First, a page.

While the regime still has a tight control on all aspects of society, a religious route might be able to make the greatest in roads into the North. The Christian community does not lack in enthusiastic people to give aid to North Korea. Christian groups send balloons over the DMZ filled with the word of Christ and extolling democracy. There are an abundance of missionaries lining up at the Chinese border. There have been reports of missionaries holding North Koreans captive within China in order to drum up extra cash or missionaries killed by North Korean operatives on Chinese soil. Although with varying success it is without doubt that it remains a group dedicated to accessing North Korea and trying to improve it from within. They also have an advantage in that Christianity is an easier belief system to transition too.

Many refugees become Christian after escaping North Korea. It could be because of the sense of community that they no longer feel while being in a capitalist state or that transferring their devotion to God instead of their leaders helps them overcome the initial barriers of the new world they face. Thus a possible scenario were Christians might gain an opportunity to access the North and its people could be if yet more food shortages or lack of supplies befalls North Korea. If other world powers ignore and are unwilling to help the North may need to look for another source to fill the gap. That gap could be the ever willing Christians. If given access and opportunity it could be a way for them to make roots in the society and ween people away from the cult of personality and into a group willing to adopt democracy.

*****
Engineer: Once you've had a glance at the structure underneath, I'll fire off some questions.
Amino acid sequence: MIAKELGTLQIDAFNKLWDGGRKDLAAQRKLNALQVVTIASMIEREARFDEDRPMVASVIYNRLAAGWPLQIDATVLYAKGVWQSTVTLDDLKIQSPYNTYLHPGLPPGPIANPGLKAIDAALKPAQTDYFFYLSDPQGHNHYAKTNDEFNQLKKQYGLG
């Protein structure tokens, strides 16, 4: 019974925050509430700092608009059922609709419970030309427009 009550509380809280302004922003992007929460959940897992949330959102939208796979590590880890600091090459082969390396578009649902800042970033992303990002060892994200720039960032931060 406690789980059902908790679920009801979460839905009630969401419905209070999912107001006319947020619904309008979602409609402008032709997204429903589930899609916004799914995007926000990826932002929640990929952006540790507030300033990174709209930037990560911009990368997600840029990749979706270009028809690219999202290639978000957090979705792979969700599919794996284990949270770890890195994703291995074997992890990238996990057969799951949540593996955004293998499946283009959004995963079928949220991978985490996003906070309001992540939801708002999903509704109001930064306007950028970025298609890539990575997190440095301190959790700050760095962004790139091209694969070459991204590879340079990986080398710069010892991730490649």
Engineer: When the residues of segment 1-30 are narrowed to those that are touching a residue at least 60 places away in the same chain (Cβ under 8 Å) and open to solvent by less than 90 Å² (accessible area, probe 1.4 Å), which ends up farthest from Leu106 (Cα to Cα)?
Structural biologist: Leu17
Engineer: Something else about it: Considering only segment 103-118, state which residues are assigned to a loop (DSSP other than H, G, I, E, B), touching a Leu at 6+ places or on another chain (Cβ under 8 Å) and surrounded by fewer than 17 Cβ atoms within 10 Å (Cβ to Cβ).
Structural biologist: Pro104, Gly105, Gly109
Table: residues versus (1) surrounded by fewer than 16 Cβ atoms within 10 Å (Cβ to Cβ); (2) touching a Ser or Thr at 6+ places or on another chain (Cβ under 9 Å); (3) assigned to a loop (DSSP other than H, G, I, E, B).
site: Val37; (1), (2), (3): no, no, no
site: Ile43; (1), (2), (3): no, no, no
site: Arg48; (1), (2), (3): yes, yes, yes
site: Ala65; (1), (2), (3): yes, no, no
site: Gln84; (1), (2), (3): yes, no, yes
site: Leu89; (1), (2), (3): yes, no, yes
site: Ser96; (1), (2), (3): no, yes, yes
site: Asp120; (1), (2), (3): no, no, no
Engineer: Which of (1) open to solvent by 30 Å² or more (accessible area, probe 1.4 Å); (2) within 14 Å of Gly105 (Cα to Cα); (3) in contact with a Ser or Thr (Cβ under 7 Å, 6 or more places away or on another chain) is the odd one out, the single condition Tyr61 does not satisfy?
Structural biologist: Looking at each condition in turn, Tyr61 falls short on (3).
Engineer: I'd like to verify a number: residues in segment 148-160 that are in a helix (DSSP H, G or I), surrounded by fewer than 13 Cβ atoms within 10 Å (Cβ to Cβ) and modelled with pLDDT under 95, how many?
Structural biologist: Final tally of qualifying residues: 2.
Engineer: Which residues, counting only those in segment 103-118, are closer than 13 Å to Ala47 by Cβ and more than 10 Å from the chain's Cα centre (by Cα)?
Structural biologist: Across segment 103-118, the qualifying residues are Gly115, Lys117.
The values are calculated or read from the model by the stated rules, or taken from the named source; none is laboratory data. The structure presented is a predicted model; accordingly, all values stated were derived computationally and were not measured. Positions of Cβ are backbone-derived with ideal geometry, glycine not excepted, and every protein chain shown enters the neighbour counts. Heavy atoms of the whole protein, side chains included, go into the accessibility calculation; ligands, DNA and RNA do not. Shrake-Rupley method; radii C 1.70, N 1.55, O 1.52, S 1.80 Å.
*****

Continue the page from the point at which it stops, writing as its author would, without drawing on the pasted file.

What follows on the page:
Christians remain a key group who are persistent in their efforts but also historically bring a democratic influence with them. A democratic seed could be fostered within the people if a free of state-control setting could be established, the church could be haven and a home to all those anti-party thoughts that may float secretly inside the head of those unwilling to voice them. If North Korea is to seek democracy it is unlikely to happen suddenly. Decades of propaganda and a distrust of the West will not be easy to shake but if given the correct conditions the influence of the church could redress the balance and offer a new voice in the state and could dictate it's future.